Social Media Opportunities Beckon Entrepreneurs as Two-Third ofOrganizations Will Use It By 2015
A recent report by Gartner Inc. says 75 percent of organizations with BCM (Business Continuity Management) programs will have public social media services in their crisis communications strategies by 2015.
"Enterprises simply cannot afford to ignore social media as a crisis communications tool," said Andrew Walls, Research Vice President at Gartner. "In many cases, social media may represent the only available means of locating and contacting personnel; providing stakeholders with the information and assistance they need; informing citizens, customers and partners of product/service availability; and taking other business-critical actions following a disruptive event."
However, Andrew said that effective use of a new communications channel requires forward planning and practice. Attempting to leverage social media for the first time during a crisis can cause more harm than good. Instead, he said that organizations must develop comprehensive social media strategies and tactics for crisis/incident management and integrate social media with the enterprise's established BCM processes.
The use of social media for user input and knowledge sharing can create a conflict for organizations when the sites are being used during a crisis by the workforce and others that are involved or watching the event unfold.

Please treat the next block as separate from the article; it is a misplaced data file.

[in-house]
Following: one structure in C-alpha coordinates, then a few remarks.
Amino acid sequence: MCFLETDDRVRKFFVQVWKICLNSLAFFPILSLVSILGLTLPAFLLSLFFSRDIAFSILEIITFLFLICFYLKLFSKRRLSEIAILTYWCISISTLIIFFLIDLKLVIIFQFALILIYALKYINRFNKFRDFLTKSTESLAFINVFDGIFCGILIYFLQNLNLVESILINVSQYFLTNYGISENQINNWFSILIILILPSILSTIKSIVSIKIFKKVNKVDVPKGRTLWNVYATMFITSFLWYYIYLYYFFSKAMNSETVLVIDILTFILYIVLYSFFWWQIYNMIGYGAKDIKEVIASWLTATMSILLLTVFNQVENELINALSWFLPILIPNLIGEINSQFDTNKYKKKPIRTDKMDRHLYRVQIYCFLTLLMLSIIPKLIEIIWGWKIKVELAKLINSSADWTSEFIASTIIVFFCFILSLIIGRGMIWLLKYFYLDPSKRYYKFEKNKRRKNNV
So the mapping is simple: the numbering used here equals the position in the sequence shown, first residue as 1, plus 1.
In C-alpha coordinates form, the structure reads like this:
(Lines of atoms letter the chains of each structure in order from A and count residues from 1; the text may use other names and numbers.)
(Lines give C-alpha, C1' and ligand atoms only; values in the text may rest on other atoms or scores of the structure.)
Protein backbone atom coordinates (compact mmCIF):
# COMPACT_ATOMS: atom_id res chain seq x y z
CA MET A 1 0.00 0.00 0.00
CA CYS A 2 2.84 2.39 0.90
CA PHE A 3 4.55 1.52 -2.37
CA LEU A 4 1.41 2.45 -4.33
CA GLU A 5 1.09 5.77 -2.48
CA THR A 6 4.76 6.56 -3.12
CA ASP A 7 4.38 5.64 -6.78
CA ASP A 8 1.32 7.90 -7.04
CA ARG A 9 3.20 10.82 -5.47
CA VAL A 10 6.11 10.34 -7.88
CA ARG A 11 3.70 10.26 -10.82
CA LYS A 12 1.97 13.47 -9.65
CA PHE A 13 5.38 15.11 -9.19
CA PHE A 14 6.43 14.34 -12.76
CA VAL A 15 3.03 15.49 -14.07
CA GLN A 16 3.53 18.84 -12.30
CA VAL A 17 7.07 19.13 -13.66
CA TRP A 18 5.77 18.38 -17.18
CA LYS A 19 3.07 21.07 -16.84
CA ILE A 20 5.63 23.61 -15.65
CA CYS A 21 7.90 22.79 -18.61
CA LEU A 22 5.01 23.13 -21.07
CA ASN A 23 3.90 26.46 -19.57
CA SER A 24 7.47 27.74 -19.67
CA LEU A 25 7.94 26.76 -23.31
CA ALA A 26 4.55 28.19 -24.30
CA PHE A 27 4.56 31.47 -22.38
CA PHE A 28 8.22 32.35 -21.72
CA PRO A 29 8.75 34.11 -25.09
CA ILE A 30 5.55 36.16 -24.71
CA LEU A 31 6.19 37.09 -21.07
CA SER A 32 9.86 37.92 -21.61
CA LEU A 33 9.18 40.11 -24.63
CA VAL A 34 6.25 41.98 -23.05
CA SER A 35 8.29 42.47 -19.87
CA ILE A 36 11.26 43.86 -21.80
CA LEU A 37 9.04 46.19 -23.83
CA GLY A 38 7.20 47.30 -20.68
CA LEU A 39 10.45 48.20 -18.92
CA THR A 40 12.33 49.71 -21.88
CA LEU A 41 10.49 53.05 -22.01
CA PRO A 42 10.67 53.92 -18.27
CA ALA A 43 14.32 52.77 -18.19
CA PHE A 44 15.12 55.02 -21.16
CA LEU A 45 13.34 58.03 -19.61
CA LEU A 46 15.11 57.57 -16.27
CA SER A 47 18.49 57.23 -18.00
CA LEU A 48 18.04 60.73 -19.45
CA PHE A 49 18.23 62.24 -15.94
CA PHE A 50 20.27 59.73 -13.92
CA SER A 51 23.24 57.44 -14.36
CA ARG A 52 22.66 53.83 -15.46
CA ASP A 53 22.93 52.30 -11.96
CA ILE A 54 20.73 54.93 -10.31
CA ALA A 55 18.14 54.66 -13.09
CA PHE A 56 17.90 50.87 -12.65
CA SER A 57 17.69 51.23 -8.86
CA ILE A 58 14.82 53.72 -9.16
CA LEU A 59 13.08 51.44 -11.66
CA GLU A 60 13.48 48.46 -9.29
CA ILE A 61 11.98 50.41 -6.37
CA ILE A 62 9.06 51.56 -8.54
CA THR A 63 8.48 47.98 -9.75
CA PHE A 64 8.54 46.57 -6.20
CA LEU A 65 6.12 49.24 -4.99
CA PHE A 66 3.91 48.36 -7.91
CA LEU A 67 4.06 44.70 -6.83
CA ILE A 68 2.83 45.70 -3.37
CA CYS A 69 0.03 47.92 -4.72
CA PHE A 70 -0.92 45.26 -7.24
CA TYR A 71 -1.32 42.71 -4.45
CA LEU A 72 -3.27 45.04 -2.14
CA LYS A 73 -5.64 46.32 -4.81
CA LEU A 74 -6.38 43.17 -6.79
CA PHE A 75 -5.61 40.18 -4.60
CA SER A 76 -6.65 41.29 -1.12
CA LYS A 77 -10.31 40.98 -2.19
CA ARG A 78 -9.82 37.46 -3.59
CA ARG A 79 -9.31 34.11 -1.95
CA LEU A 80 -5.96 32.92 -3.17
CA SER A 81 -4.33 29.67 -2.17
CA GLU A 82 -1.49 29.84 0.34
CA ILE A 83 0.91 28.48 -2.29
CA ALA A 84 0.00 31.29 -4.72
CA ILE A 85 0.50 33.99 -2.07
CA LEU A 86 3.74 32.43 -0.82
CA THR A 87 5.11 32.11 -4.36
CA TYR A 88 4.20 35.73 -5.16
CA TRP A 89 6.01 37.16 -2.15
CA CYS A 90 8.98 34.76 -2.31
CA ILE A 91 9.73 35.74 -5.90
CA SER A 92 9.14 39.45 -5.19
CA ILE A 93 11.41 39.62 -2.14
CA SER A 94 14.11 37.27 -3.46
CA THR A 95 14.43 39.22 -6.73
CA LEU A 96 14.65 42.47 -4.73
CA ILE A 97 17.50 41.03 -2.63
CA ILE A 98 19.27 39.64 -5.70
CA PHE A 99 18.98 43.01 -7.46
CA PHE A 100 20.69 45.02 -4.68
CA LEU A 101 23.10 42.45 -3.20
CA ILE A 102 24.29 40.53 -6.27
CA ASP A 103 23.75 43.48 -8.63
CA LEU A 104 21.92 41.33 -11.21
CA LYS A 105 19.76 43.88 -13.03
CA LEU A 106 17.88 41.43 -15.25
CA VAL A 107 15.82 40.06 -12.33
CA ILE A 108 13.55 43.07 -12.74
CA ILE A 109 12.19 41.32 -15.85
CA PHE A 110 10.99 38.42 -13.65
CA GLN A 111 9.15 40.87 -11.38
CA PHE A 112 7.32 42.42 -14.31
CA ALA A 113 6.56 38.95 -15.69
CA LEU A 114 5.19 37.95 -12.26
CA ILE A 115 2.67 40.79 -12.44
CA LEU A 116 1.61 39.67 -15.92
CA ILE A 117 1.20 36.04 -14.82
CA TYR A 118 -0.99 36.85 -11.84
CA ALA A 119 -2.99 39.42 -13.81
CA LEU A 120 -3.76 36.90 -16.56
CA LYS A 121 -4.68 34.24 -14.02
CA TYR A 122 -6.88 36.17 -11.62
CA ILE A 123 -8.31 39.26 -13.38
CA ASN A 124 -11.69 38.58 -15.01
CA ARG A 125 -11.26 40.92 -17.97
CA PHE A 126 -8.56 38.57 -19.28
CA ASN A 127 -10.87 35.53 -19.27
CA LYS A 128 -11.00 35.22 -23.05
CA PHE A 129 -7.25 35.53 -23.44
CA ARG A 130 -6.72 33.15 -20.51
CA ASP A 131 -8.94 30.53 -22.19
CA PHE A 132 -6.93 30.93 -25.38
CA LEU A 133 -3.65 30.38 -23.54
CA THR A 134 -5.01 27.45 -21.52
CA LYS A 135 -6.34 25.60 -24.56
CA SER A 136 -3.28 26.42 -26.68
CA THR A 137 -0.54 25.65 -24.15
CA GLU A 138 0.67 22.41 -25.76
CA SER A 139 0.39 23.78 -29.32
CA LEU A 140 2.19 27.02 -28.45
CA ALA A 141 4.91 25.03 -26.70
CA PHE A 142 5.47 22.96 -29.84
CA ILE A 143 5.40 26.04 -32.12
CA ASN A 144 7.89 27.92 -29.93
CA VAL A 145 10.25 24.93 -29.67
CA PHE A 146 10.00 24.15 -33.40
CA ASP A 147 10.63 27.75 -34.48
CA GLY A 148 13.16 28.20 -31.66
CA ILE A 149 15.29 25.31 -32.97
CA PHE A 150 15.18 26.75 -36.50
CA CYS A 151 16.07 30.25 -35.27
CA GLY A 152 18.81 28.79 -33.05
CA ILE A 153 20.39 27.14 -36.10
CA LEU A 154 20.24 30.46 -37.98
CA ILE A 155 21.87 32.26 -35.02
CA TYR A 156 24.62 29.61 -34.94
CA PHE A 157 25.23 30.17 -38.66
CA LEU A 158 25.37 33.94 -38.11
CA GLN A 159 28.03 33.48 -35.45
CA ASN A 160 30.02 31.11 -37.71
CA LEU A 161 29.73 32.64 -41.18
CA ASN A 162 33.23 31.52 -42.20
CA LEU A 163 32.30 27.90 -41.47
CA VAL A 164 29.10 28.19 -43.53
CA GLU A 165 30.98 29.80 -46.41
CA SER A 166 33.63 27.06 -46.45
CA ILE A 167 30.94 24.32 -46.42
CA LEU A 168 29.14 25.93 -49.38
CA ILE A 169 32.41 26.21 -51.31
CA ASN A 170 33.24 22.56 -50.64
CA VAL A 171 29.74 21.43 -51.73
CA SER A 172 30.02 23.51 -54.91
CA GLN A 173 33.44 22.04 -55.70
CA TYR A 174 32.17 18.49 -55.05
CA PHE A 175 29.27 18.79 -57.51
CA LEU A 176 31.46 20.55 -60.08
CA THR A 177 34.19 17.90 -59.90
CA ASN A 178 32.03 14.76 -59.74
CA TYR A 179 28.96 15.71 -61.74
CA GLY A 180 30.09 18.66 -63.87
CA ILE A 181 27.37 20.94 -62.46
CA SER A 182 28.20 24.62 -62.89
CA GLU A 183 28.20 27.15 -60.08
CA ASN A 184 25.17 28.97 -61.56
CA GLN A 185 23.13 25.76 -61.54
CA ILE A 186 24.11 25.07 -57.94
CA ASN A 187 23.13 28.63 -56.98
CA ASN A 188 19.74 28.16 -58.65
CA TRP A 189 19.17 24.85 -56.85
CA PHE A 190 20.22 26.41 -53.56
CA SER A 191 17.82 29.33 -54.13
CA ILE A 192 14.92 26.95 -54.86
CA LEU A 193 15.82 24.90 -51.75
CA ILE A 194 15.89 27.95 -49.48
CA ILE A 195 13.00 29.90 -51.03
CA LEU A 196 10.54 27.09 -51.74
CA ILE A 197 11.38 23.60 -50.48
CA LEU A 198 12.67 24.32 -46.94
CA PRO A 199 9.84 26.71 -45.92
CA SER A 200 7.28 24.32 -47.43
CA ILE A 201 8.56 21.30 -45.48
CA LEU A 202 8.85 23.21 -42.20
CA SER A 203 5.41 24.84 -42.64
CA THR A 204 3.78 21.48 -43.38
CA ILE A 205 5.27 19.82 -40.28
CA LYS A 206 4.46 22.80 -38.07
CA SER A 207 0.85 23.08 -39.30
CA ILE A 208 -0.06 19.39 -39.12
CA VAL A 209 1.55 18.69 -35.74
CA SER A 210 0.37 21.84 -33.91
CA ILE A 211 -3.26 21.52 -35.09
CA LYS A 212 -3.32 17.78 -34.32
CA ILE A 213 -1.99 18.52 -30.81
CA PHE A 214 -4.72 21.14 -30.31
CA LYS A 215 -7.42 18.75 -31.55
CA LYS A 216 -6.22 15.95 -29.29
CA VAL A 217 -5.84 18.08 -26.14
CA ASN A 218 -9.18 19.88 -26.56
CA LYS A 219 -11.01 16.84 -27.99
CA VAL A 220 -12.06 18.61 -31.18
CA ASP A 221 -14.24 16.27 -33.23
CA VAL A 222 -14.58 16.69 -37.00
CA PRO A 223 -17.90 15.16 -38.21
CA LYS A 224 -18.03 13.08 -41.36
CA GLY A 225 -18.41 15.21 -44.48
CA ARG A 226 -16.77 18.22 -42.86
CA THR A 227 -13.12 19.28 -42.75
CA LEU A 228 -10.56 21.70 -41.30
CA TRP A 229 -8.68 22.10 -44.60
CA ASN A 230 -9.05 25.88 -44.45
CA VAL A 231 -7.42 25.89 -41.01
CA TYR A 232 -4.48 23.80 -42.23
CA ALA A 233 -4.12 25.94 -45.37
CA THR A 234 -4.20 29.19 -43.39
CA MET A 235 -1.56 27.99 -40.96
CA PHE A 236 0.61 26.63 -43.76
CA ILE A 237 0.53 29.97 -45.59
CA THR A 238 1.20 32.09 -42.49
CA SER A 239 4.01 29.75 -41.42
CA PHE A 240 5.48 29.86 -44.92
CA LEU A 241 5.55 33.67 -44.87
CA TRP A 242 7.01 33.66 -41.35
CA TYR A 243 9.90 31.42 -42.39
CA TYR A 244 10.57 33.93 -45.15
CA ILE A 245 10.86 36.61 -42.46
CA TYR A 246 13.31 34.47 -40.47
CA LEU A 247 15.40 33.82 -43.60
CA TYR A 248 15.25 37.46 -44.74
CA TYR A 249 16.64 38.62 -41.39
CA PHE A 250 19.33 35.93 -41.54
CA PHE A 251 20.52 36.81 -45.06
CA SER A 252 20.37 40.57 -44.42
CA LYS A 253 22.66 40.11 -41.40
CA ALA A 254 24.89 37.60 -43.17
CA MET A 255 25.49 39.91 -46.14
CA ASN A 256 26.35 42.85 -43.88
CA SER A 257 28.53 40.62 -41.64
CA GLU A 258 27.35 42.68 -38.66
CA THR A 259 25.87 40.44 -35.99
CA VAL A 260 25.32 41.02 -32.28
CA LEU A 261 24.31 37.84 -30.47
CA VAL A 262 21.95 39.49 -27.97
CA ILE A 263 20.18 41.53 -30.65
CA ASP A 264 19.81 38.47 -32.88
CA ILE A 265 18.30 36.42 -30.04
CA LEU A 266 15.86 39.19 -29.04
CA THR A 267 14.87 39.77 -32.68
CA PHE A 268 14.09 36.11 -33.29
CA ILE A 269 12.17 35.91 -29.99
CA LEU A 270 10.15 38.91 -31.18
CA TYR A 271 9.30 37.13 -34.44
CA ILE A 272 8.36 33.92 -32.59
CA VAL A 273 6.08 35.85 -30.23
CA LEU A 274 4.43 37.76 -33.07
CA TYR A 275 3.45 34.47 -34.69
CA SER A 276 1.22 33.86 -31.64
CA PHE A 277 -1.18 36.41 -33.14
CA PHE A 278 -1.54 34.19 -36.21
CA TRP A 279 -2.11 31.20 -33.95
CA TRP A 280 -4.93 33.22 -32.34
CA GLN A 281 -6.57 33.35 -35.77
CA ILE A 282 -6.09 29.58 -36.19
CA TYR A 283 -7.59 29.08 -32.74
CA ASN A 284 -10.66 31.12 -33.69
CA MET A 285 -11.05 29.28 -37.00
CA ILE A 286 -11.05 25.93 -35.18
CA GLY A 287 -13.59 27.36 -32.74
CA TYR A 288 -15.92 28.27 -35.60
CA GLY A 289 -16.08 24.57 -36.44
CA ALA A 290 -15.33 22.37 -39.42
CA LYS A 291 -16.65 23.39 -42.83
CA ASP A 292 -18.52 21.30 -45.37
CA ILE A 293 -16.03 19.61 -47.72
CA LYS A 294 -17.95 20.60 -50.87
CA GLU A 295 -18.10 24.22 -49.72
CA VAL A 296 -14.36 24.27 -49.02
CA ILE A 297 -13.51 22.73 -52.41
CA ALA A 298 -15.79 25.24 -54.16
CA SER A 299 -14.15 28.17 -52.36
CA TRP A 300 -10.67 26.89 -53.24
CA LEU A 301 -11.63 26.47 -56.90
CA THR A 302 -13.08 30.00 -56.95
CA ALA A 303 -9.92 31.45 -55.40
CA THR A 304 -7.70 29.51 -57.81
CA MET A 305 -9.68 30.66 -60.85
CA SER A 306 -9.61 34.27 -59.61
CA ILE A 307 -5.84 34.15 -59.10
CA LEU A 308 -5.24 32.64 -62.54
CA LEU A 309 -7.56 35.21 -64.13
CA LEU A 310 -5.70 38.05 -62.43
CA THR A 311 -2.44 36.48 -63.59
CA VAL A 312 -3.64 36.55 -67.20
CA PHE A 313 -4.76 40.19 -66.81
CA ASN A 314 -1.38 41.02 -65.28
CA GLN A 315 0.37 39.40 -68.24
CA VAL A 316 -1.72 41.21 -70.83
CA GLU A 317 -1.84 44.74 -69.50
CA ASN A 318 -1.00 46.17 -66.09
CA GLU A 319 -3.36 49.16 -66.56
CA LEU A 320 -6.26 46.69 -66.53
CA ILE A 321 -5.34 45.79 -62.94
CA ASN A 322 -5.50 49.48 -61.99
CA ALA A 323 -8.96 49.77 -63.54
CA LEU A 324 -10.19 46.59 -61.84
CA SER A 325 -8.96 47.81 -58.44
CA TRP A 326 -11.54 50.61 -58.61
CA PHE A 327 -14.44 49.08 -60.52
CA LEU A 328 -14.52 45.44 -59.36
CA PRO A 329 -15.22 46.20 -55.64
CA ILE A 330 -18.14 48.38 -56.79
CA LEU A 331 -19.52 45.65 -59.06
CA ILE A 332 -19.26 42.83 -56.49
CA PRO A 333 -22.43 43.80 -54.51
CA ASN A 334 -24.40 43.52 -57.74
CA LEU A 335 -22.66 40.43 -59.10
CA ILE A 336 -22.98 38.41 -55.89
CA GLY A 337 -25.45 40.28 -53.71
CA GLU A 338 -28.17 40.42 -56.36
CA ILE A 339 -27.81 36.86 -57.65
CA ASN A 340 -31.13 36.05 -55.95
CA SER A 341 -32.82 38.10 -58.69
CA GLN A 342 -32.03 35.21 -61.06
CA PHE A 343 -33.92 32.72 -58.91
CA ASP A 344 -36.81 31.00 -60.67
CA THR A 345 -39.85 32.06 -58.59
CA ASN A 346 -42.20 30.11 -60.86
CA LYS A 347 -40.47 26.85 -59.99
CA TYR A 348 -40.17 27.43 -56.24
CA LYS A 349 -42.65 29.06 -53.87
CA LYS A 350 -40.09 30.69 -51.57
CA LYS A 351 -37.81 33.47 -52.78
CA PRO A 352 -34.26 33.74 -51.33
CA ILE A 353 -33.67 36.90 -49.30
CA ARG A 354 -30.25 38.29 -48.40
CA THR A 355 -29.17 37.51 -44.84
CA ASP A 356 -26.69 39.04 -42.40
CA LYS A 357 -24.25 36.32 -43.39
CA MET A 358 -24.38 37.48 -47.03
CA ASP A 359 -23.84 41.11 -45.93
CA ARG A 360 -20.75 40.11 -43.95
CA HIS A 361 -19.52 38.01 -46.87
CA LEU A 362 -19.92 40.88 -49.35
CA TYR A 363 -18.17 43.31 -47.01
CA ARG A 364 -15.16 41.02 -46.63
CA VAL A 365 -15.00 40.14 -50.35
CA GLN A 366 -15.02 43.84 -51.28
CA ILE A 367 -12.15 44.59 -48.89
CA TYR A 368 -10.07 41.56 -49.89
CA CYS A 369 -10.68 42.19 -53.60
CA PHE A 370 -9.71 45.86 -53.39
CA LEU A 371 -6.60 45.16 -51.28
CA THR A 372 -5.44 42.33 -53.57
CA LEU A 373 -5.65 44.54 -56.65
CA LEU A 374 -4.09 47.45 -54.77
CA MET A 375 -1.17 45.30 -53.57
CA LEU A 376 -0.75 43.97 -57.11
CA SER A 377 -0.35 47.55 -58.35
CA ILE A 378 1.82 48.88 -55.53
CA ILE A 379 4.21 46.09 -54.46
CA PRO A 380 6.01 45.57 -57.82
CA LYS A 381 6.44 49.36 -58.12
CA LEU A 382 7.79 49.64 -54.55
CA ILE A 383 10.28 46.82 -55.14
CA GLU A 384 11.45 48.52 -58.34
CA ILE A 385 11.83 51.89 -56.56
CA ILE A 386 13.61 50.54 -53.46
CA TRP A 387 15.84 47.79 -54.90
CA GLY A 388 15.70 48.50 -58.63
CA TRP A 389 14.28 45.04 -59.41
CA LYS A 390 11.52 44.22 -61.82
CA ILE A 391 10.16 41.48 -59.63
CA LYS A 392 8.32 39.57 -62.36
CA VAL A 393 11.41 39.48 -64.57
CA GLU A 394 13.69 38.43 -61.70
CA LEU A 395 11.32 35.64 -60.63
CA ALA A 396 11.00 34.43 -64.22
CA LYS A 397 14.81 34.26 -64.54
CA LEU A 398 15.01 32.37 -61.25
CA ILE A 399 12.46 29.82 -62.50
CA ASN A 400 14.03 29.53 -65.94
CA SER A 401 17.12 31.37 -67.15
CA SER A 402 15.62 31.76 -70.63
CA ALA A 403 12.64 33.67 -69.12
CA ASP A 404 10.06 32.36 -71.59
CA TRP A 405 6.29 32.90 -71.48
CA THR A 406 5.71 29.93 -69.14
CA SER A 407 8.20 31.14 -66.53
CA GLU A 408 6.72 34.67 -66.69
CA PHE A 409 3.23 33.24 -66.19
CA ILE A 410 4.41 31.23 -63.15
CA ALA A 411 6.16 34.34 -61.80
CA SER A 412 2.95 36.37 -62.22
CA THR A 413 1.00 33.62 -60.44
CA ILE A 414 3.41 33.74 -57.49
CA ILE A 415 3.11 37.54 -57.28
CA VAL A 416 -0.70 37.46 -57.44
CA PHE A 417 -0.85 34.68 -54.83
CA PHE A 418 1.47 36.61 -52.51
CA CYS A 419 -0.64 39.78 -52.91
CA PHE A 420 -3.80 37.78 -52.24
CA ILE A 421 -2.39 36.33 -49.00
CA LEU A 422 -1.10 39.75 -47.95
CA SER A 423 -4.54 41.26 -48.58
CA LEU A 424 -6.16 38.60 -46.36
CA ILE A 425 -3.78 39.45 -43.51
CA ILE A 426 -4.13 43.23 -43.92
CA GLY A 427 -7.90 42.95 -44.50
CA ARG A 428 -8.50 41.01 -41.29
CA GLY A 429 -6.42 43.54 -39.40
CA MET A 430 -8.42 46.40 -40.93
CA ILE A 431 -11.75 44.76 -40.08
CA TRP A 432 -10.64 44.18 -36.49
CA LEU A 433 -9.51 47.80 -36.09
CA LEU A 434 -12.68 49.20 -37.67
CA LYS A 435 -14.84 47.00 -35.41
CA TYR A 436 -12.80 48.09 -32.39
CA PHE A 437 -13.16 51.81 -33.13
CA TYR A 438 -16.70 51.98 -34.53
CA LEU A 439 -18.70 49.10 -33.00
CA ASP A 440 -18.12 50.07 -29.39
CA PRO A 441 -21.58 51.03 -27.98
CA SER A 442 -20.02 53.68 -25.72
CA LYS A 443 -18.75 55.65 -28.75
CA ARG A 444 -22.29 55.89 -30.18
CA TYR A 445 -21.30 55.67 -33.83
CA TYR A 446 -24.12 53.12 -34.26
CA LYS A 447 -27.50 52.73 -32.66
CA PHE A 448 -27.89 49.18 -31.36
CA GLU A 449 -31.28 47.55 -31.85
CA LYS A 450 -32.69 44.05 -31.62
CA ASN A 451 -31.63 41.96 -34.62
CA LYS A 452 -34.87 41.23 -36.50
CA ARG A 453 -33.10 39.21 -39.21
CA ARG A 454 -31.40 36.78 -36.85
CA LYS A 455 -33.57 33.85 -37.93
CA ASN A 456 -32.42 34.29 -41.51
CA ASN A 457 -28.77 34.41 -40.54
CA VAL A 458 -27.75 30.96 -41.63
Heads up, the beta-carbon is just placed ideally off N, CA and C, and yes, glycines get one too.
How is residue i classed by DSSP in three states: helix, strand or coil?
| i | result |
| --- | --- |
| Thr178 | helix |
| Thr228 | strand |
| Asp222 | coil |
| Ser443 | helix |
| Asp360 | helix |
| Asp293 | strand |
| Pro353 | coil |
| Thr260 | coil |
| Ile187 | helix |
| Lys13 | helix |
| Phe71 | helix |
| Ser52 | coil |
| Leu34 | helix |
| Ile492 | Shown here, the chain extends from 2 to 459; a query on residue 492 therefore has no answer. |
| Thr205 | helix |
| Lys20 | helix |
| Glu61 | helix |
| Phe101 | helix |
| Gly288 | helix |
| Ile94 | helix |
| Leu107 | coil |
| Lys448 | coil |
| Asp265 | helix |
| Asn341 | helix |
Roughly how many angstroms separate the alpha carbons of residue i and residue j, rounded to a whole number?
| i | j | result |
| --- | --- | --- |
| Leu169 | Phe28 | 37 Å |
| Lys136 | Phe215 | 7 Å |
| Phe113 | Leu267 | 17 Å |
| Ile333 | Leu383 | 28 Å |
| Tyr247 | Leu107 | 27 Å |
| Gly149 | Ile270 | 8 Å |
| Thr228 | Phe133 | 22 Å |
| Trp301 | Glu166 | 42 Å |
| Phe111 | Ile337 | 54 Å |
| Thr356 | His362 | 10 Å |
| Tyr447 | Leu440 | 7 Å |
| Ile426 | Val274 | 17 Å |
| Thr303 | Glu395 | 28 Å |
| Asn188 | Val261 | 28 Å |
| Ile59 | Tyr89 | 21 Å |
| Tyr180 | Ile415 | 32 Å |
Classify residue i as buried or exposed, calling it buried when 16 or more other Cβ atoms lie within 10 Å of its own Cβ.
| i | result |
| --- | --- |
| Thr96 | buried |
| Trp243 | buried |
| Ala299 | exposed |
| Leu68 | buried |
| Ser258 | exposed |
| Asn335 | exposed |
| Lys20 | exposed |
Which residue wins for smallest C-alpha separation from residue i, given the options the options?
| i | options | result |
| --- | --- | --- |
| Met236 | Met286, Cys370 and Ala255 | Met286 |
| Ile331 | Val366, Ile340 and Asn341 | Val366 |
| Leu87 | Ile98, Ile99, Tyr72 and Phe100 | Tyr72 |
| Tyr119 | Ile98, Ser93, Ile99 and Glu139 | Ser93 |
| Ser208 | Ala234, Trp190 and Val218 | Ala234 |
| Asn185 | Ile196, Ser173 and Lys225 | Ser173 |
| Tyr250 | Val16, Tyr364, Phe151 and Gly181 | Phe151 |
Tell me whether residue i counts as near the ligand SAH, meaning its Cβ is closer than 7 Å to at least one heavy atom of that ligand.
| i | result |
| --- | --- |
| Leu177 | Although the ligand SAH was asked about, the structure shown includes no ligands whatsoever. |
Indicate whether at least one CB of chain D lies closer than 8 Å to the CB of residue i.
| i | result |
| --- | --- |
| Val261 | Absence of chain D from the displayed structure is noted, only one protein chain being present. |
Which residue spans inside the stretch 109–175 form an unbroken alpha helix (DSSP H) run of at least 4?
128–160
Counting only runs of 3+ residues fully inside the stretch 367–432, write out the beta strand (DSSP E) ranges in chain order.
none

Speaking about challenges that new communication channels like social media can present, Roberta Witty, Research VP at Gartner said, "As the workforce develops personal, digital friendships that might take precedence over the official spokesperson of the organization, a conflict over who is the authority during an event can emerge, leading to unanticipated and negative results if official procedures are not followed.” Therefore, putting forth a social media management strategy as part of a BCM program is essential to ensure that the organization's crisis communications effectiveness is protected, and that response and recovery plans and procedures are followed.
Roberta believes that organizations developing social media strategies and tactics for crisis management must factor in that social media is very different, technically and culturally, from the tightly controlled technologies and means of communication that enterprises are accustomed to using and supporting (such as corporate email systems). She further said that it is necessary to establish effective authorization processes, content guidelines and monitoring and message retention capabilities.
She summed it up perfectly by saying that the bottom line is that no enterprise's BCM efforts can afford to ignore the opportunities and risks presented by social media.